The Chicago Cubs have devised strict protocols they believe would allow 6,000 to 7,000 fans to safely attend games at Wrigley Field midway through this pandemic-shortened season — in groups of two, four and six and with designated gates and staggered entry and exit windows.
Crane Kenney, president of business operations for the Cubs, said the plan has been presented to the city and Major League Baseball and needs approval from both.
The Cubs are eager to test it — not so much for the sorely-needed revenue, but to “see how the ballpark operates with those rules,” he said.
“We have to plan for the potential of that happening next year, where we’re not allowed to have full capacity in the ballpark — where it wouldn’t be safe to do that,” Kenney told the Sun-Times.
“Getting a little bit of a look in a pilot program this year to see how ingress, egress, concessions, restrooms, ticket sales might work would be really helpful to get ready for next season.”
Mayor Lori Lightfoot, a Sox and Bears season ticket holder, says there is “no bigger sports fan than me.” She, too, longs for the day when she can “enjoy live sports in the stands,” but only when “public health guidance” allows it and only with strict safety protocols.
Kenney believes his plan does just that, though it would “probably not happen until the half-way point of the season,” he said.
“If you’re coming with your family — people you’re spending time with in your home — and there are four or six of you, you could sit together. But you would be six feet from anyone else in the ballpark. … Masks would be required on the way in. They would be required any time you weren’t in your seat. Concessions would largely be ordered from your seat so you didn’t spend time in line,” Kenney said.
“Rather than saying that’s it’s a 1:20 [p.m.] game and you can come any time up to two hours prior to the game to get into the ballpark, you would be assigned a specific entry window ... and you would be designated a gate to use for entry and exit,” he added.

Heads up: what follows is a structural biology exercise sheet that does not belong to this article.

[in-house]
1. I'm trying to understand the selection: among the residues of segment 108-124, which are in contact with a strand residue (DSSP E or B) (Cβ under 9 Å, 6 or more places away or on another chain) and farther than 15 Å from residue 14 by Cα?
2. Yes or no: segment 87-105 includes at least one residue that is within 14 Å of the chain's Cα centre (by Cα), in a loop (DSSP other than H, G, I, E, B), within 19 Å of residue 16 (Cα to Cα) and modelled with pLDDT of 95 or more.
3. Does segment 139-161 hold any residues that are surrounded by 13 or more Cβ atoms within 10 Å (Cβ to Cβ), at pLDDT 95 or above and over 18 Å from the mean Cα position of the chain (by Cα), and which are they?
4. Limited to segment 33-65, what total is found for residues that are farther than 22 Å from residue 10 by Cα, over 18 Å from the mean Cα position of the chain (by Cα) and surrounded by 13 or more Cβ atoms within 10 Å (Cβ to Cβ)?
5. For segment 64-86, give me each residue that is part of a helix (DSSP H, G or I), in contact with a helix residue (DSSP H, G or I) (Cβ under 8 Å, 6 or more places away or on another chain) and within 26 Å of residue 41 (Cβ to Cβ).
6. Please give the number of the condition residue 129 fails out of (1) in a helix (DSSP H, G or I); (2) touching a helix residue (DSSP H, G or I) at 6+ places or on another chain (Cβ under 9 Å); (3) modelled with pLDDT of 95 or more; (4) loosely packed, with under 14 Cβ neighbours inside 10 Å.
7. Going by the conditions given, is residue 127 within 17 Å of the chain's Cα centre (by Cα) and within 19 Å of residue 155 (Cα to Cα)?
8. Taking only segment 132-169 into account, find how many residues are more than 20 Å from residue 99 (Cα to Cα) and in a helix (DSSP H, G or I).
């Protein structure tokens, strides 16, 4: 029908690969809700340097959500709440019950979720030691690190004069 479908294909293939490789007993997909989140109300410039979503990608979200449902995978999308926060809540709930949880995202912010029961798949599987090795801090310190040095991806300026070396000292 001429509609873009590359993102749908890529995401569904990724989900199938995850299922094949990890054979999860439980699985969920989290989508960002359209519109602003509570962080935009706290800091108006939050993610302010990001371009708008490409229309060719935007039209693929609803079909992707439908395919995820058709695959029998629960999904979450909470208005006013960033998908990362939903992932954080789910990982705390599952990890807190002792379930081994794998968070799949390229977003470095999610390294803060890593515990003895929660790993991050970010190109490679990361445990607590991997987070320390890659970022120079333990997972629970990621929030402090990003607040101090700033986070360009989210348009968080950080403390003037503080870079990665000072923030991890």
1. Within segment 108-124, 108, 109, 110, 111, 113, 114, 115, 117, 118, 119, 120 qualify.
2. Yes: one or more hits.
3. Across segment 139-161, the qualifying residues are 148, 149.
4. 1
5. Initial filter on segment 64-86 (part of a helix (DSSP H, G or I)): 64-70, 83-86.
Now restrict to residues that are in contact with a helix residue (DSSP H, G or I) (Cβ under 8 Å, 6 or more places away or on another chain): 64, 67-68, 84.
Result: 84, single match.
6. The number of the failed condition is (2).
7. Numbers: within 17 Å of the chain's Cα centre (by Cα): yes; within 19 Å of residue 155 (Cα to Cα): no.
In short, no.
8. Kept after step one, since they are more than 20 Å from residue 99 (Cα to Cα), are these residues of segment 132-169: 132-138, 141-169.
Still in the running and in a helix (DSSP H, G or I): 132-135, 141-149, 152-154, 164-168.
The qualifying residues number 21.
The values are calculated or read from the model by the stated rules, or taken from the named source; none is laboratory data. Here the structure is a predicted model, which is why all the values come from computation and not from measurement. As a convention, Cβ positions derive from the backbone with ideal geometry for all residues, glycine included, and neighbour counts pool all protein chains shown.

“No one would be asked to leave the game prior to the game’s ending. It would just be a staggered exit. Wrigley Field holds about 40,000. So … we have plenty of gates to get people in and out observing social distancing.”
The mayor’s office said the “decision to bring fans back to stadiums” is part of an “an ongoing conversation” with public health experts and all of Chicago’s major sports leagues and teams.
“The City has remained in close coordination with all of Chicago’s major sports teams throughout the course of the COVID-19 pandemic and looks forward to welcoming back fans at a time when it is deemed safe,” the statement said.
In late May, the Associated Press cited a Major League Baseball document based on an 82-game season played in empty ballparks that pegged the Cubs’ potential losses at $199 million.
On Thursday, Kenney said the Cubs stand to lose “north of $125 million” over the course of the 60-game season that will cost all of Major League Baseball $4.5 billion.
His carefully-crafted business plan has been blown up.
There are no fans in the stands, no concerts, no Cubs convention. The outdoor plaza known as Gallagher Way is empty and City Hall has ordered it to remain so.
The Hotel Zachary and the Wrigleyville restaurants and 11 rooftops owned by the billionaire Ricketts family that owns the Cubs are operating at 25% capacity.
“We’ve been reduced to basically our media revenues — our television and radio revenues— as well as our share of the league’s profits that are shared equally among all 30 clubs,” he said.
“The music business has been really good to us. We had a really busy calendar with live music at Wrigley. All of that, as well, will not be enjoyed.”
Kenney talked about the Cubs’ river of red ink the same day the Dodgers finalized a 12-year, $365 million deal with Mookie Betts — the richest in MLB history. It trumps Mike Trout’s 2019 deal with the Angels, now managed by former Cubs skipper Joe Madden.
How can the Dodgers afford that in the middle of the pandemic?
“The Dodgers were the beneficiaries of the largest media rights contract ever done when they launched their channel, Spectrum, with Time Warner. There isn’t anything close to it. … If next year we’re unfortunately not playing with fans and we only have media rights [revenue], they have that incredible outside deal to lean on. That was done prior to any of the current turbulence in all of the media markets. Kudos to them for their timing,” he said.
Does that mean the Cubs can’t afford long-term commitments to their core trio of soon-to-be free agents: Kris Bryant, Javy Baez and Anthony Rizzo?
“I’m not saying we can’t. You asked me why the Dodgers could do a deal like that in the middle of a pandemic. It’s because most people are reasonably confident that we will have media rights next year. And that is, for them, by far their largest revenue line,” Kenney said.